Finances bottleneck potential canonization of dozens of American saints and martyrs

Deacon Rachid Murad proclaims the Gospel during a Mass marking Black Catholic History Month Nov. 21, 2021, at Our Lady of Victory Church in the Bedford-Stuyvesant section of Brooklyn, N.Y. The liturgy was co-sponsored by the Diocese of Brooklyn and the Archdiocese of New York. Father Augustus Tolton, featured on a banner at left, is one of six African Americans who are candidates for sainthood. (CNS photo/Gregory A. Shemitz)

(OSV News) -- "Don't call me a saint," admonished Dorothy Day, journalist, activist and co-founder of the Catholic Worker Movement. "I don't want to be dismissed so easily."

While Day fiercely sought to avoid holy titles during her lifetime, there are many Catholics who hope she will one day have "saint" attached to her name.

But for every Dorothy Day -- or St. Teresa of Kolkata, St. Oscar Romero or St. John Paul II -- there may be hundreds, even thousands, of anonymous potential saints who are not raised to the altars for a very simple reason: Their advocates just can not afford it.

There are only 15 American saints and blesseds -- but dozens of Americans declared "venerable" or "servants of God" are still awaiting elevation.

The sainthood process entails expenses for research, travel, translation and, if the cause progresses, beatification and canonization ceremonies. On average, costs have been reported to total around $250,000 -- with some high-profile causes potentially topping $1 million.

While ultimately conducted by the Vatican's Dicastery for the Causes of Saints, causes are typically initiated by a diocese, religious order or nonprofit lay group. The intricacies of the canonization process -- with stages marked by the titles "servant of God," "venerable," "blessed" and "saint" -- also poses a challenge for under-resourced dioceses.

While only one Indigenous North American -- St. Kateri Tekakwitha -- has achieved it, the six American Black Catholics with causes underway have waited a total of 720 years for sainthood: Pierre Touissant (1766-1853), Father Augustus Tolton (1854-1897), Mother Mary Lange (1784-1882), Henriette DeLille (1813-1862), Julia Greeley (1833?-1918), and Sister Thea Bowman (1937-1990).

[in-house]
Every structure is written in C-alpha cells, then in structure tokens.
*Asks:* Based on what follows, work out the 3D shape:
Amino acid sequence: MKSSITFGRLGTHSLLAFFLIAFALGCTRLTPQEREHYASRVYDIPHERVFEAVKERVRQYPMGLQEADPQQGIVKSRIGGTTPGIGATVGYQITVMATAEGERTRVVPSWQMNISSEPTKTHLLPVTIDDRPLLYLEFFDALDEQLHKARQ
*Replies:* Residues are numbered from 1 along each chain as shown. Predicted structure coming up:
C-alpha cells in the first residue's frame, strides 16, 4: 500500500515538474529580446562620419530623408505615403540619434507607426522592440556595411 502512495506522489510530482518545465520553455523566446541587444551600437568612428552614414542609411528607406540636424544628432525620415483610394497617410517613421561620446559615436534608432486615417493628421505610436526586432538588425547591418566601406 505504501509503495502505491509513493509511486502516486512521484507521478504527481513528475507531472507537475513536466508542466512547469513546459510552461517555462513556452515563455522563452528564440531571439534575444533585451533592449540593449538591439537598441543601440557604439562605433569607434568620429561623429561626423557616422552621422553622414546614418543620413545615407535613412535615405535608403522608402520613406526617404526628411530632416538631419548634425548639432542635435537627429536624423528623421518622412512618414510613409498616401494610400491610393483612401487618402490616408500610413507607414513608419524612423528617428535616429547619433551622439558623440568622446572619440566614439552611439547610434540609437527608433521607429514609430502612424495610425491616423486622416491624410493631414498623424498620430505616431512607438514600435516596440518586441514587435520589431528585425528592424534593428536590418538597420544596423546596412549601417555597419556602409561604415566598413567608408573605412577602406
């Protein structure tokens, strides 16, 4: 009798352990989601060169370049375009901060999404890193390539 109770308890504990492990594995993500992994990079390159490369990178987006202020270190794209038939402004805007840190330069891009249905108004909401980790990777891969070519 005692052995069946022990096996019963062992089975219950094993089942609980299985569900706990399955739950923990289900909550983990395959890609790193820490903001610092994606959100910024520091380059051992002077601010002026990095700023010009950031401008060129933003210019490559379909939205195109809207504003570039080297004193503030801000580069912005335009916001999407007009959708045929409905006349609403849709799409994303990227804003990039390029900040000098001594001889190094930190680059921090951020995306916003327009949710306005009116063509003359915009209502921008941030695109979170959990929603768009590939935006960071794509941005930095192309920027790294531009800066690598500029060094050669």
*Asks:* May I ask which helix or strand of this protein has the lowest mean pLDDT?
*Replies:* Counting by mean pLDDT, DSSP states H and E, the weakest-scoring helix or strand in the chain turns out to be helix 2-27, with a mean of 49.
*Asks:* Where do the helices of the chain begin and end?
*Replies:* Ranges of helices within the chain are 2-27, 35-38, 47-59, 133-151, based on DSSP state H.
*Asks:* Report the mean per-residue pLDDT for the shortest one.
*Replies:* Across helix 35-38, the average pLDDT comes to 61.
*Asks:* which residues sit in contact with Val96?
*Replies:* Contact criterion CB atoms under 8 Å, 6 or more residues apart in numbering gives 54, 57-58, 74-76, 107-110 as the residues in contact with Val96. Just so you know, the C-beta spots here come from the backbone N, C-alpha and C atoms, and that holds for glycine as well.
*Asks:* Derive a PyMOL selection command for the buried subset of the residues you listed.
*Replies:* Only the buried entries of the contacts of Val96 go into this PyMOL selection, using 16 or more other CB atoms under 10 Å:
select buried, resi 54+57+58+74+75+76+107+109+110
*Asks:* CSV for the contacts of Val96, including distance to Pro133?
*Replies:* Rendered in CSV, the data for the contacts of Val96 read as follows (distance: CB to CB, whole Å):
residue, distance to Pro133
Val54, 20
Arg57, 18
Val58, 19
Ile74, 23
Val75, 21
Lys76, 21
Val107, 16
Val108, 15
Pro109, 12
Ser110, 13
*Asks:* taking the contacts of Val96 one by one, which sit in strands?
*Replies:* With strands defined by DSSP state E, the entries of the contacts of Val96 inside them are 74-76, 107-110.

Ralph E. Moore Jr., a lifelong Catholic and African American parishioner of St. Ann Catholic Church in Baltimore and a member of its Social Justice Committee, has organized a canonization letter-writing campaign to Pope Francis, urging him to advance their sainthood.

"Not having enough money is one of the reasons there are no Black saints from the United States," Moore wrote in his April 13 "Moore Report" in AFRO News. He minced no words in saying that today Black Catholics do not have recognized saints from this country as a result of the church's "contradiction of the Gospels" by white Catholics engaging in slavery and segregation, preventing generations of Black Catholics from entering the priesthood, episcopate and religious life up to the latter half of the 20th century. This has left Black Catholics with far fewer resources to mobilize compared to white Catholics.

Moore said canonization costs become a kind of "poll tax which served as a precondition of exercising the right to vote (going back to the late 19th century in some states)."

On the low end, the cost for all six could end up $1.5 million or -- as Moore pointed out -- as much as $6 million on the high end once the complicated process is complete.

In addition to undisputed holiness, there is intense research, reams of paperwork, continuous fundraising, potential discrimination -- and sometimes, a few unanticipated roadblocks.

"I think the most frustrating thing sometimes is being able to accumulate the information that is needed," said Father Len Plazewski of the Diocese of St. Petersburg, Florida, vice postulator for the canonization of the Martyrs of La Florida, a group of Native American and Spanish Catholics -- priests and laypeople -- killed in Florida between 1549-1712.

"In the case of martyrdom, it's not enough to know the person died. How did they die? Who killed them? What was the motivation of the killer? Those things have to be known," Father Plazewski explained. "We've had a couple of dead ends along the way that kind of delayed us."

That delay spans more than 300 years, and three previous attempts to forward the cause. Undeterred, Father Plazewski cheerfully observed, "This is the fourth time -- but the fourth time is the charm."

Supported by a lay association, eight dioceses have marshaled their resources for the Martyrs of La Florida -- six of the seven dioceses of Florida, the Diocese of Savannah, Georgia, and the Diocese of Richmond, Virginia.

For the La Florida martyrs, Catholicism "was not just something foreign missionaries bought," said Father Plazewski. "It was deeply inculcated in the lives of these people, so much so that they chose suffering and death over denying their faith."